Denis McNamara is a former lecturer in architectural history at the University of Virginia and has written two books on Christian architecture. He is currently assistant director of the Liturgical Institute, University of St. Mary of the Lake, Mundelein, Illinois.
How to Read Churches: A Crash Course in Ecclesiastical Architectureby Denis R. McNamara
Small enough to fit in a pocket yet serious enough to provide real answers, this primer is a must-have for architecture and history buffs, tourists, and churchgoers interested in decoding the styles and symbols of religious buildings. Every building contains clues embedded in its design that identify not only its architectural style but also who designed it, what
Small enough to fit in a pocket yet serious enough to provide real answers, this primer is a must-have for architecture and history buffs, tourists, and churchgoers interested in decoding the styles and symbols of religious buildings. Every building contains clues embedded in its design that identify not only its architectural style but also who designed it, what kind of congregation it was built for, and why. This practical yet charming handbook is the key to decoding the style, history, evolution, and social significance of religious buildings. Not strictly limited to churches, it also covers abbeys, chapels, and monasteries, among other structures. Organized according to architectural element (windows, domes, arches, etc.), each element is presented in chronological order. Additional chapters explore the architectural influence of geography, history, and various creeds, along with an illustrated timeline showing how, where, and in many cases why certain church features evolved through the centuries. There is also a useful introduction to naming each component of a church, from vaults to buttresses and transepts to apses. All entries are illustrated with period engravings and line drawings. This book will be invaluable for architecture buffs and anyone who has ever wondered why classic New England churches are white with little ornament, why Quaker meetinghouses have no altars, or why Episcopalians traditionally favored the Gothic style.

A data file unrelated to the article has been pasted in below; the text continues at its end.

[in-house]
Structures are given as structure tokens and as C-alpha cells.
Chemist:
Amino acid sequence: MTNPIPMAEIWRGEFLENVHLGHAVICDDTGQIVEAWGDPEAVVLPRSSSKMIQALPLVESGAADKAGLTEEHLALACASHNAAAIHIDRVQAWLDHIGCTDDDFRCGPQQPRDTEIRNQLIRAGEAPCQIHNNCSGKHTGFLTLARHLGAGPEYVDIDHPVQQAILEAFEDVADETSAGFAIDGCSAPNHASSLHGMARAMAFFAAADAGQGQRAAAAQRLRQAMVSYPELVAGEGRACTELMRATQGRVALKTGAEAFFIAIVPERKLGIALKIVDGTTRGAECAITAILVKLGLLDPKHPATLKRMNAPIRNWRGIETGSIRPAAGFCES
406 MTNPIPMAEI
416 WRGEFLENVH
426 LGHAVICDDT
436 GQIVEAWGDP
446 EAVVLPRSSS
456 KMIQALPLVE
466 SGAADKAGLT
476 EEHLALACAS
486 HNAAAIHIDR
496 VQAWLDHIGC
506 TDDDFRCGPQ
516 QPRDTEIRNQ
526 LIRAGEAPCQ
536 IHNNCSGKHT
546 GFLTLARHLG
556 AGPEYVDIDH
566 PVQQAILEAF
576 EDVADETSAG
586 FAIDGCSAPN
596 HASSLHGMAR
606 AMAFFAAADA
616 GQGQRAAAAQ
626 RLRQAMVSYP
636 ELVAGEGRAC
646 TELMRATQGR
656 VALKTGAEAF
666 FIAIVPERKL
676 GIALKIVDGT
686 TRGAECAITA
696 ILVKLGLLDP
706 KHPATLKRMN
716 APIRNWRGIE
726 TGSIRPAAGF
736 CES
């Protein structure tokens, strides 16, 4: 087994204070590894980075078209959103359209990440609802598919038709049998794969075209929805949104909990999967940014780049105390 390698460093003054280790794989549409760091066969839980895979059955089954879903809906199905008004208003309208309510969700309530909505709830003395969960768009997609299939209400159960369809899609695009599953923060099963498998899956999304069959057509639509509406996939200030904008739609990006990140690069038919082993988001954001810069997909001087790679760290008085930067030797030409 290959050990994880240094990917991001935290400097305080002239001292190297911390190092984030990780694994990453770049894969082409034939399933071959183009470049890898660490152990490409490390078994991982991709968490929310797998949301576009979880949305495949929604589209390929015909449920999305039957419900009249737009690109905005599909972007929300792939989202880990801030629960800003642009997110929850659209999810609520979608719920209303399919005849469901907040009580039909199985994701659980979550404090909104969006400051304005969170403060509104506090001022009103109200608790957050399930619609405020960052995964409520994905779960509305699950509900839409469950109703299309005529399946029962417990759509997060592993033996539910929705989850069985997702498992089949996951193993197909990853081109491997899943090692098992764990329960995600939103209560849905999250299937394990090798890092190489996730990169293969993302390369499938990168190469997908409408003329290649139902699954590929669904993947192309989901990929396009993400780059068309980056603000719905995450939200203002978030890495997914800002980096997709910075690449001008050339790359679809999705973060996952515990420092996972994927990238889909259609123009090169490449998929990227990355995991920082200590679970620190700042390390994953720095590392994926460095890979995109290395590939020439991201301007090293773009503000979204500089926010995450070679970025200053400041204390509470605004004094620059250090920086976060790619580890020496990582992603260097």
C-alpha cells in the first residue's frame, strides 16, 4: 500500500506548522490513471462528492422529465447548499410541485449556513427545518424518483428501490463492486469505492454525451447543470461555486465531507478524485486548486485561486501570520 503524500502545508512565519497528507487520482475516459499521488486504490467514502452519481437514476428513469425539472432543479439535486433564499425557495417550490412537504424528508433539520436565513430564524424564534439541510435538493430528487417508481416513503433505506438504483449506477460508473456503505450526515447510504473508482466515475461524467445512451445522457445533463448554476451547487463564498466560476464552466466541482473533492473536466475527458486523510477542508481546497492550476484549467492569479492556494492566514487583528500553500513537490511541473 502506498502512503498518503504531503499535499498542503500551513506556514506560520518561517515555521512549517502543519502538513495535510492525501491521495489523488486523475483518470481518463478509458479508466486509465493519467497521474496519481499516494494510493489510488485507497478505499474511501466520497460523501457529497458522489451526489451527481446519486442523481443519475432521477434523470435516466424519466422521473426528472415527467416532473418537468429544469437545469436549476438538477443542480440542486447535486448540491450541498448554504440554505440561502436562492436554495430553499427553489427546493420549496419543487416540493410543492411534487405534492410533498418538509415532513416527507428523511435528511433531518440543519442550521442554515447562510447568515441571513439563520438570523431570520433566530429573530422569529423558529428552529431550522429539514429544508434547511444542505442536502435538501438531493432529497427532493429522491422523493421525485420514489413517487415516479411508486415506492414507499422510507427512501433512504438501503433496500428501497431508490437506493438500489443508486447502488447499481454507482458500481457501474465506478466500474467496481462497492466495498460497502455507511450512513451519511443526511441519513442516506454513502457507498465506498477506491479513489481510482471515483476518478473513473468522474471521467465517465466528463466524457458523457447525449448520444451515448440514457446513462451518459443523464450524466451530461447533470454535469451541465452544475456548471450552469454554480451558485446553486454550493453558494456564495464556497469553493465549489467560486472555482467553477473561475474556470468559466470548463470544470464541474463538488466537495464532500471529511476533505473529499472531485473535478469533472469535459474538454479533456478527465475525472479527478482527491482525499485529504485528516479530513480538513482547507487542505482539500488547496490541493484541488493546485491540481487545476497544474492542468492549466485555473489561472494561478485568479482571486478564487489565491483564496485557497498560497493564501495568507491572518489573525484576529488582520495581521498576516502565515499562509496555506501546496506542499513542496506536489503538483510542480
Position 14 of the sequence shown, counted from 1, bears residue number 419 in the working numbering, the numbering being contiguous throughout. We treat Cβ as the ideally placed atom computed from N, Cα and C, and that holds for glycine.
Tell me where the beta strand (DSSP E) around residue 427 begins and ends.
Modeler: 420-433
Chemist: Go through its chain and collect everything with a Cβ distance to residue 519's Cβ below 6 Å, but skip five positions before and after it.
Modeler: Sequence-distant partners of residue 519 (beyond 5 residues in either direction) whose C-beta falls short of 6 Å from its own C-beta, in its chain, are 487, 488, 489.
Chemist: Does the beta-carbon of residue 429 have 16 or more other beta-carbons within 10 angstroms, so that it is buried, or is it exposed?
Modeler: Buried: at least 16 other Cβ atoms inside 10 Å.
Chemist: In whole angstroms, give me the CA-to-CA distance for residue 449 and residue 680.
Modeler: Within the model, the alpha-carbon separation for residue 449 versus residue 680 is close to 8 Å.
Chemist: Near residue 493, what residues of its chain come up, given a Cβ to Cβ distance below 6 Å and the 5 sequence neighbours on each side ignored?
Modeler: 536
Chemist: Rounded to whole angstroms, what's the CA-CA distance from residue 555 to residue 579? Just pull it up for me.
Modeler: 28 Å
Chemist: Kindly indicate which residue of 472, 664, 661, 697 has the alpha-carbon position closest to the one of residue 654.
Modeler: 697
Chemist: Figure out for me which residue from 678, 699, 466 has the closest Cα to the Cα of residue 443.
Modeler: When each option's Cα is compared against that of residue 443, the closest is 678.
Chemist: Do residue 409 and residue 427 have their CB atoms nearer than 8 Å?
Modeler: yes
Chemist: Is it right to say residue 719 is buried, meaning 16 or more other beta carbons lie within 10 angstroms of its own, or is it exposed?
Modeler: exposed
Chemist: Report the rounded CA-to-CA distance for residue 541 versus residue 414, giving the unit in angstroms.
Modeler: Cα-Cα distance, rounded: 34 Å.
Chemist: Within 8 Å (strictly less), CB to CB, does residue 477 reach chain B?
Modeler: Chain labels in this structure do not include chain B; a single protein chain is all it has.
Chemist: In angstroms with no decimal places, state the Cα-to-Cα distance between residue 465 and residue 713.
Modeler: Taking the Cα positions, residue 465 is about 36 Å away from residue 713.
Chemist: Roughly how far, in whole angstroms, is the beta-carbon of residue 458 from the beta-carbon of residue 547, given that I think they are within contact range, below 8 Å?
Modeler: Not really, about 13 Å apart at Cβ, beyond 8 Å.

- Publication date:
- Sales rank:
- Product dimensions:
- 5.30(w) x 6.50(h) x 0.80(d)
Meet the Author
Most Helpful Customer Reviews
See all customer reviews
This book is simply perfect. It's full of images and glossy paper in which you will find extraordinary examples of churches and concepts of the parts of the churches. I took History of Art: Medieval times and this book has like half of my class there, which is wonderful because besides being a pocket-size edition that you can carry anywhere (is not too small nor too big) it helps me to remember what I studied . I also plan to take it with me for when I visit those places. Simply perfect for students, researches and everyone really. A lot of friends colleges liked it and plan to buy it as well.
Very informative & well planned. The drawing are great!